While exploring, Black found samples of Hosackia pinnata, but after conferring with other experts and amateur enthusiasts and checking social networking sites like the non-profit iNaturalist, he was amazed to also find that at least nine other blue (considered vulnerable) and red-listed plant species grew in the area, such as foothill sedge, dense spike-primrose and slimleaf onion.

Macro shot of Allium amplectens (slimleaf onion) between Scott Black's fingers
“This one here is Allium amplectens,” says Black. Also known as slimleaf onion, this species is blue-listed (vulnerable, of special concern). “They only occur here and in Victoria, and some of the Gulf Islands.” Photo by Rae-Anne Guenther/The Discourse

For example, the exceedingly elusive red-listed native Hermann’s dwarf rush or Juncus hemiendytus took him years to locate, in part because it doesn’t grow in many places and doesn’t emerge every year.

“It only grows here, and then it grows in one place in Washington, and like three places in California and that’s it,” says Black.

Though a goldmine for the curious botanist, Harewood Plains is also an area under threat — from damage caused by off-road dirt bikes, ATVs and tree poaching — in part because so little is still known about it. 

According to Nanaimo Area Land Trust (NALT), about three-quarters of what they describe as the broader Harewood Plains Priority Site sits on privately managed forest lands, with the rest privately owned — except for two city-designated parks, one section under covenant, and a BC Hydro right-of-way.

With most of the land private, the red- and blue-listed status of these rare plants is largely meaningless.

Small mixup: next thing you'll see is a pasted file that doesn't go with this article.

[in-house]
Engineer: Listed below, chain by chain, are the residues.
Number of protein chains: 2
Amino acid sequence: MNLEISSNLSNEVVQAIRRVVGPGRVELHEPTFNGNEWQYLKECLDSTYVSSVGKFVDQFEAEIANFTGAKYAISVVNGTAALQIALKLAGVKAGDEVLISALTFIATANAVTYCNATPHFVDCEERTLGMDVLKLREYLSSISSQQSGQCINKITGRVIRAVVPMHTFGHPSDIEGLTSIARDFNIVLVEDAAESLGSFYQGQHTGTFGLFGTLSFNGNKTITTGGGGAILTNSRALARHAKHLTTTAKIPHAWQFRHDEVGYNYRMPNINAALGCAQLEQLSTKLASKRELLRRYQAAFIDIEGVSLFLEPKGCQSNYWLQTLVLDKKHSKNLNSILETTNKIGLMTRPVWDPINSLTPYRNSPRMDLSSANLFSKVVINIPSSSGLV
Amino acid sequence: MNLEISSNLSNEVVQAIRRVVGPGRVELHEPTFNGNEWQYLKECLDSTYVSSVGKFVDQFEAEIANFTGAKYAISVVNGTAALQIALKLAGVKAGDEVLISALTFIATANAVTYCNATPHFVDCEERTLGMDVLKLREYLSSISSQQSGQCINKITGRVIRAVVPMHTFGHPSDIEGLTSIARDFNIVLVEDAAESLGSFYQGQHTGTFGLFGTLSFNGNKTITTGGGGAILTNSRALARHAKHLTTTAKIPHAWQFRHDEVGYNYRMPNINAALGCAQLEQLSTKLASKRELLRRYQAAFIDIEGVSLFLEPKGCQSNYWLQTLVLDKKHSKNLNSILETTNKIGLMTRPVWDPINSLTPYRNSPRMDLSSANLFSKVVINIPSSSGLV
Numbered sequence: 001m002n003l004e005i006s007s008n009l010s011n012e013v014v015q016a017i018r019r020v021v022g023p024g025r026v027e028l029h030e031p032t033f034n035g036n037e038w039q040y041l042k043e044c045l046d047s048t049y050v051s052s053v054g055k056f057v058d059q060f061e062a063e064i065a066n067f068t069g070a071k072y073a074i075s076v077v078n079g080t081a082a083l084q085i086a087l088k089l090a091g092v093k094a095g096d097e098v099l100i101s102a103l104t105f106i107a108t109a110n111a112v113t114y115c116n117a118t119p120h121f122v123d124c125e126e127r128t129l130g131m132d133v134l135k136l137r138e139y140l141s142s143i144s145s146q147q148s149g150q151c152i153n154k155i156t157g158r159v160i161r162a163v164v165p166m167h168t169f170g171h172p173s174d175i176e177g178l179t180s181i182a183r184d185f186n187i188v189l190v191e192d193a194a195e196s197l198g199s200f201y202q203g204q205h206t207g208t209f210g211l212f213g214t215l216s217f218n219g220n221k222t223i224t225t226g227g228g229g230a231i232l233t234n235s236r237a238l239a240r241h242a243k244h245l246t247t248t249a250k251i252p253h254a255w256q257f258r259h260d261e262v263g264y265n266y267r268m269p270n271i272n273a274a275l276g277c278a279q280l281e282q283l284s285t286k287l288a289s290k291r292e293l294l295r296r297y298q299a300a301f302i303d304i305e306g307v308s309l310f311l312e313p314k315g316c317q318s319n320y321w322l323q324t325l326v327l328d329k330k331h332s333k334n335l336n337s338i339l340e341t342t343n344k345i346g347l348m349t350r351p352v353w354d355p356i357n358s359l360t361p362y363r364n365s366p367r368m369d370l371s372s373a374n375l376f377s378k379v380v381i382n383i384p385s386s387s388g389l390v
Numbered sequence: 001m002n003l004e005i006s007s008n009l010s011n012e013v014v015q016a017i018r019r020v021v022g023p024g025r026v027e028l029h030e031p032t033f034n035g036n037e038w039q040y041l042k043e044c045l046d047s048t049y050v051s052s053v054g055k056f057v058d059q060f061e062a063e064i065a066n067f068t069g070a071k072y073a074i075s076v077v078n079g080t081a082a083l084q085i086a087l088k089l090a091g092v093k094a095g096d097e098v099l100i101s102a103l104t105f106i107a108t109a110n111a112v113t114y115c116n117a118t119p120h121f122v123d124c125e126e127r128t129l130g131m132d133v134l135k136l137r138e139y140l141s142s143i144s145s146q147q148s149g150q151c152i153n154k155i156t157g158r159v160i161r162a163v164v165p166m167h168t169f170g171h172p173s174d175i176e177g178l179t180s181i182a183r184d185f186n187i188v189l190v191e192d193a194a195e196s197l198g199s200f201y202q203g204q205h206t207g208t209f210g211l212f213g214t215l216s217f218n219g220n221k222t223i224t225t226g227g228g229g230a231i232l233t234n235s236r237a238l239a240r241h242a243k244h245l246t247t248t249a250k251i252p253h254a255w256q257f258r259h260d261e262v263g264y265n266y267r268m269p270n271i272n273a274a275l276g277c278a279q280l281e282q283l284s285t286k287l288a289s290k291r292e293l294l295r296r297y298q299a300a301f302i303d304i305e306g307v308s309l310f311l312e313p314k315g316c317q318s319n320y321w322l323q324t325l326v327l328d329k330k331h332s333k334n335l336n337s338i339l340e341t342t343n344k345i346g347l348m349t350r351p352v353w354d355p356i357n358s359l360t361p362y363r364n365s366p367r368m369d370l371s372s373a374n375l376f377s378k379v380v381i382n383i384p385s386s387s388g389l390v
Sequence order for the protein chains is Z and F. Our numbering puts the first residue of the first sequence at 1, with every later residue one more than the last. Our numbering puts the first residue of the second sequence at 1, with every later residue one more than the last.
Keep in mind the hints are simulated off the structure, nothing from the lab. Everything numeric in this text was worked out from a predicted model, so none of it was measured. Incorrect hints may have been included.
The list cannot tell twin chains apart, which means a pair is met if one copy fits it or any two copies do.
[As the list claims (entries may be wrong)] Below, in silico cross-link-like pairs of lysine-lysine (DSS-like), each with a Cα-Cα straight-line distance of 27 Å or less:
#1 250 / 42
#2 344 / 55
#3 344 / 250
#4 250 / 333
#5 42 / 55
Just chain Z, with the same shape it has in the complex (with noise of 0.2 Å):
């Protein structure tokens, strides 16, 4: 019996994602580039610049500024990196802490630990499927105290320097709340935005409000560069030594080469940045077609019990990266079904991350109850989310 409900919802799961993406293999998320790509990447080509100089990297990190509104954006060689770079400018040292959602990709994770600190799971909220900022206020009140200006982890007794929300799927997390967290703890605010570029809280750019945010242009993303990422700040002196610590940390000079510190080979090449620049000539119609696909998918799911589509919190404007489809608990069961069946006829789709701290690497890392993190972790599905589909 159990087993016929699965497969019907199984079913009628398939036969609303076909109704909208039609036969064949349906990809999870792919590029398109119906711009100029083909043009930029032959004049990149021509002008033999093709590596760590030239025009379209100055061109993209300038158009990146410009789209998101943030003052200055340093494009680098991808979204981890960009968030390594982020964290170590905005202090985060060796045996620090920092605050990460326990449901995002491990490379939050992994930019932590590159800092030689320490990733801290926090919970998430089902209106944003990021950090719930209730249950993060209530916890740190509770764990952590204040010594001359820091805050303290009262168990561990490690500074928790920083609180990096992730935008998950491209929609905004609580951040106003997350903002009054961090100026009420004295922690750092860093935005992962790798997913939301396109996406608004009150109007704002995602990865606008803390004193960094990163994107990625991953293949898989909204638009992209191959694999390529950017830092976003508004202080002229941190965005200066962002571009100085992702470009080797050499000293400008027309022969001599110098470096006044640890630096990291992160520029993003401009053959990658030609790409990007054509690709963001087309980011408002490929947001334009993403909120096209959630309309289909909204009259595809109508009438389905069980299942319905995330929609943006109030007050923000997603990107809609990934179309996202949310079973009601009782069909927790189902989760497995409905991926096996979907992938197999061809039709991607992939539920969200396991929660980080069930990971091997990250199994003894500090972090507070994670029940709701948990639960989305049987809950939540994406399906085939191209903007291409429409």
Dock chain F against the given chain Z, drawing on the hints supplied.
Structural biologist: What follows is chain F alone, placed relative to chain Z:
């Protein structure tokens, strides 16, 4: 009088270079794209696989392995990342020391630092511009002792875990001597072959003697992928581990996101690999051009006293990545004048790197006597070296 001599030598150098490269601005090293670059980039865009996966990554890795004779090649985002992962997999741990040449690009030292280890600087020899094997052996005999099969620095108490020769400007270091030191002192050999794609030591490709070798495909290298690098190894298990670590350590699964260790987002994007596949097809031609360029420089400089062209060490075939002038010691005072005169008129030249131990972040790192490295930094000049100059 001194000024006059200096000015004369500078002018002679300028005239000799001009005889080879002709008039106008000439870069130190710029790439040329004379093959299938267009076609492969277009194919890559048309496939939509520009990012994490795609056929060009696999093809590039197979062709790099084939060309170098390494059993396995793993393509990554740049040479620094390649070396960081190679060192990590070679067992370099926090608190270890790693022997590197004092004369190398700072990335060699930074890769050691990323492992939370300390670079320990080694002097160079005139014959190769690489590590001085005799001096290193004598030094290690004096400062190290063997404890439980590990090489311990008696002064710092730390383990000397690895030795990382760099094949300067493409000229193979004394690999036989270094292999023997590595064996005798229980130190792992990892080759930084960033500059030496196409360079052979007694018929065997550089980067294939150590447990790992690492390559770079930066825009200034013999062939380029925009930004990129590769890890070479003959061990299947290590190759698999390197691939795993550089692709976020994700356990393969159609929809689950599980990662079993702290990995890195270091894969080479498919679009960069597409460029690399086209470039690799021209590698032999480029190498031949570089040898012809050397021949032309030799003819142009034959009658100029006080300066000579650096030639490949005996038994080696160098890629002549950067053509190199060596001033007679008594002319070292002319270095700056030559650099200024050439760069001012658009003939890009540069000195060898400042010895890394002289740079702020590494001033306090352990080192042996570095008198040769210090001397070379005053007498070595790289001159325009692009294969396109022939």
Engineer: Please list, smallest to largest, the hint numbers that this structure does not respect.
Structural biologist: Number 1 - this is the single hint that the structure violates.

Though some protections exist via the federal species-at-risk act (SARA) for endangered species and critical habitat under federal and provincial jurisdiction, B.C. is one of six provinces that relies on “a voluntary stewardship model” from private landowners and requires that citizens “implement effective mitigation at their discretion and cost (and, in many cases, against their own development objectives),” according to a Sierra Club B.C. audit completed in November 2022.

For decades, local environmentalists like Charles Thirkill, Friends of Harewood Plains and NALT had been looking at ways to protect the Plains, in partnership with groups like the B.C.-based society Garry Oak Ecosystems Recovery Team (GOERT), whose team of expert advisors come from all levels of government, academic institutions, First Nations and non-government organizations.

The federal government had also consulted with a number of experts and conducted research into recovery strategies for Garry Oak ecosystems and specifically vernal pools in 2004 and 2005, but there hasn’t been much movement from the government on the topic since then.

Macro of Garry Oak leaves with rain on them.
Groups like the Garry Oak Ecosystems Recovery Team fight an uphill battle when it comes to the preservation of what remains of Garry oak and associated ecosystems like the Harewood Plains. Photo by Raw-Anne Guenther/The Discourse